NO MATTER WHICH side of the aisle you prefer, it's difficult to escape the trumpeting of the coming "Green Economy" that will both fuel prosperity and save the earth. In tiny Rock Port, Missouri -- a one-stoplight town of corn and soybean farmers -- that sustainable future is now Rock Port, population 1,300, became the nation's first energy-independent municipality this summer when it turned on four windmills to run turbines that will generate more than enough electricity to power the entire town -- without pollution or energy price spikes.
Normally a community this small could never swing such a project: The taxpayers could not afford the nearly $10 million price tag it came with, nor could they provide a large-enough market to attract corporate investment. But Rock Port benefited from a confluence of factors: a northwest location in the windiest part of the Show-Me state, a local businessman by the name of Eric Chamberlain who was enthusiastic about wind power, and the interest of two companies -- John Deere Wind Energy of Johnston, Iowa, and Wind Capital Group of St. Louis -- building a larger 50-megawatt wind farm nearby, thus cutting the labor and equipment costs for building Rock Port's smaller five-megawatt facility.
Here are just a few of the reasons that the folks on this county seat's Main Street have welcomed the 250-foot towers of Loess Hills Wind Farm. -- Heather Millar
Even a light breeze will make electricity. The wind only has to reach nine miles per hour to turn the windmills' 90-foot blades. The turbines reach maximum output with 26 mph gusts.
It's beyond merely eating local, it's powering local. "The coolest thing for me is seeing the end result of the wind farm," says Chamberlain, the farm's first local booster and now a project manager for Wind Capital Group. "You go down to the grocery store, or [stop at] the stop light, and you can see the power being used. In most places, you can't see the direct connection. Here, it seems so simple."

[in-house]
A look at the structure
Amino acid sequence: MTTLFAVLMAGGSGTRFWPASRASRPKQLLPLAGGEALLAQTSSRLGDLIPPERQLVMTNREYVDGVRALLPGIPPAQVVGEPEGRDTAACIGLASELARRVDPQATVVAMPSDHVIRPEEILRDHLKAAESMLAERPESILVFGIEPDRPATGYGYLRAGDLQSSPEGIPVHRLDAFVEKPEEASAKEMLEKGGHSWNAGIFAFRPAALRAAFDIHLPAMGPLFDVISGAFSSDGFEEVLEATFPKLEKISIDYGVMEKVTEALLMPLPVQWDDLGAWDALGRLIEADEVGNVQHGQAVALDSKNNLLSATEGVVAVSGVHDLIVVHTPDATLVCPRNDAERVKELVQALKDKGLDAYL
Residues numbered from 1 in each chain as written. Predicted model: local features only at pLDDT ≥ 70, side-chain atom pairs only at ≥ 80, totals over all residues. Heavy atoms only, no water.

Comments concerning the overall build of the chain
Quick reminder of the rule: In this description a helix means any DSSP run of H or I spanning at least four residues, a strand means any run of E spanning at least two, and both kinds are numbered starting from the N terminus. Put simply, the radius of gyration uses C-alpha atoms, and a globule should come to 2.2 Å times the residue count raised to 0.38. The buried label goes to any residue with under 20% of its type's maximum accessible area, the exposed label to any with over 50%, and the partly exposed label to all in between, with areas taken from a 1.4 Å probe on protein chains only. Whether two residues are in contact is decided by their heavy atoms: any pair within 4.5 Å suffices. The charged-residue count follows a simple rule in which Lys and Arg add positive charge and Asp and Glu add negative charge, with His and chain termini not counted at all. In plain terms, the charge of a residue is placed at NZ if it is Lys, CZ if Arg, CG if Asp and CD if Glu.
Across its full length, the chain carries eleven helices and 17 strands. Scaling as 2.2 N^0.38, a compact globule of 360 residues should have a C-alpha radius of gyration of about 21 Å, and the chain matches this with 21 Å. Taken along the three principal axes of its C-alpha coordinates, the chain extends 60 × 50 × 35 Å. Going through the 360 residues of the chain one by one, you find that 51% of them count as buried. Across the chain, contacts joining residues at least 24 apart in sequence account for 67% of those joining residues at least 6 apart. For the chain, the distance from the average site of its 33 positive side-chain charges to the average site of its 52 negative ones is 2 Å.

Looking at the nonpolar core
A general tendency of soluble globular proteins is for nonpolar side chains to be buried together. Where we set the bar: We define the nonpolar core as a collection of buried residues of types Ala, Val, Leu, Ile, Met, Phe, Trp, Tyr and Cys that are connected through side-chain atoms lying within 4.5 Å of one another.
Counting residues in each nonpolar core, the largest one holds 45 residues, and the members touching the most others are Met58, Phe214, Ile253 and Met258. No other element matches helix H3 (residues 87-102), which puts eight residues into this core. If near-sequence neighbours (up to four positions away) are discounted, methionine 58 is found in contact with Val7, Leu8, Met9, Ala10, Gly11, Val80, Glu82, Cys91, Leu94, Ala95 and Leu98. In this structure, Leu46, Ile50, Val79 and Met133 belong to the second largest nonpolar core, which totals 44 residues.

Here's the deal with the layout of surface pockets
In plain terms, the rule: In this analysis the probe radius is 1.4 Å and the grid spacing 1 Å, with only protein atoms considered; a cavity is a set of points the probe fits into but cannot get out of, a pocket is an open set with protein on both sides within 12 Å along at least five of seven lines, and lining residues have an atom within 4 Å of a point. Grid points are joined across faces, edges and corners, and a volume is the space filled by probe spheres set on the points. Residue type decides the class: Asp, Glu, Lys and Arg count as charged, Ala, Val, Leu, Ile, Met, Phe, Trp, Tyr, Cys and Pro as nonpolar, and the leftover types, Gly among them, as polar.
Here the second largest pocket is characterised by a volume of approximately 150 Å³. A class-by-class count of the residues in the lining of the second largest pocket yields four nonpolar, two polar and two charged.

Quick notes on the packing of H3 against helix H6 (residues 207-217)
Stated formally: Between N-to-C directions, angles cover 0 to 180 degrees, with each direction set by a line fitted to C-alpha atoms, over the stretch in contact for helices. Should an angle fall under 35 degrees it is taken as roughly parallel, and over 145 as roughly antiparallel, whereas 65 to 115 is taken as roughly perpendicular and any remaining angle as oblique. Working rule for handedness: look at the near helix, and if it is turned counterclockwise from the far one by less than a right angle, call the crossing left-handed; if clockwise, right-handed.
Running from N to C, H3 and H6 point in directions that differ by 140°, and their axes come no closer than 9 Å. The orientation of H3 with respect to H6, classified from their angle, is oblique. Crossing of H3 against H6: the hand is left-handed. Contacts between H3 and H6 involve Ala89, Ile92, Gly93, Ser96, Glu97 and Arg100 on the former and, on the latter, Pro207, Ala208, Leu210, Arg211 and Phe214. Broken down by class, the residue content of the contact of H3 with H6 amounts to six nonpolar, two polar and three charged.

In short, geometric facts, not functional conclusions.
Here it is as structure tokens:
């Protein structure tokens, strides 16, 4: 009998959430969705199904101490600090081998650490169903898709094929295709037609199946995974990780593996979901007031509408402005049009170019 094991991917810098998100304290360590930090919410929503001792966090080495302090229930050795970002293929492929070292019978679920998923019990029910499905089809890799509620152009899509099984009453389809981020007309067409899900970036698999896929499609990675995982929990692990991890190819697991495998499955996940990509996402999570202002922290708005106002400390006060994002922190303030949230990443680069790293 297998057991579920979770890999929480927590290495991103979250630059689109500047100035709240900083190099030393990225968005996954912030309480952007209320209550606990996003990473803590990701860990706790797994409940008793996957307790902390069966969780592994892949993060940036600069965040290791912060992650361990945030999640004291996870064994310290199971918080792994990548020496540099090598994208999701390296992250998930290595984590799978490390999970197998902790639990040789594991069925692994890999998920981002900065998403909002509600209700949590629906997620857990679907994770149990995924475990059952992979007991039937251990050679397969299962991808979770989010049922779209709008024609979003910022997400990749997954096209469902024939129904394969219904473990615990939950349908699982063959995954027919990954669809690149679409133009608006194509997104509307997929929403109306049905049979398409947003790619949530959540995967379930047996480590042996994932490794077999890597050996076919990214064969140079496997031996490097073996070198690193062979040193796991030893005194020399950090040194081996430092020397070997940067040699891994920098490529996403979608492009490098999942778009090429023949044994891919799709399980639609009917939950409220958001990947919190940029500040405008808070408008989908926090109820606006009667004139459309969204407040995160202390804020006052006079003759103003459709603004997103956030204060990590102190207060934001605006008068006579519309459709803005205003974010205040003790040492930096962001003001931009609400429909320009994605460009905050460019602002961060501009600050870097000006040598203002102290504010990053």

Using power generated at home means lower bills. When utilities transmit electricity long distances over power lines, some energy always gets lost. Most utilities charge for that power drain, usually a surcharge in the range of five to seven percent. But the power produced in Rock Port will not drain away because its users live so close. For now, the savings from not paying a loss surcharge will go mostly to the city-owned utility. After the windmills have been turning for a year, the town will decide whether the windfall is large enough to pass along to ratepayers.
The wind produces more power than the town needs. The four wind turbines will produce up to 16 million kilowatt hours of electricity annually, but Rock Port only uses 13 million kilowatt hours. The extra wattage will flow into the Missouri Joint Municipal Electric Utility Commission, which will power Rock Port if the windmills aren't turning at capacity. John Deere will reap the profits from the energy the town doesn't use.
The wind farm has increased environmental awareness. The local light utility just revamped itself to be more efficient. And an ethanol plant is going up a few towns away.
*Source - American Way - America Airlines
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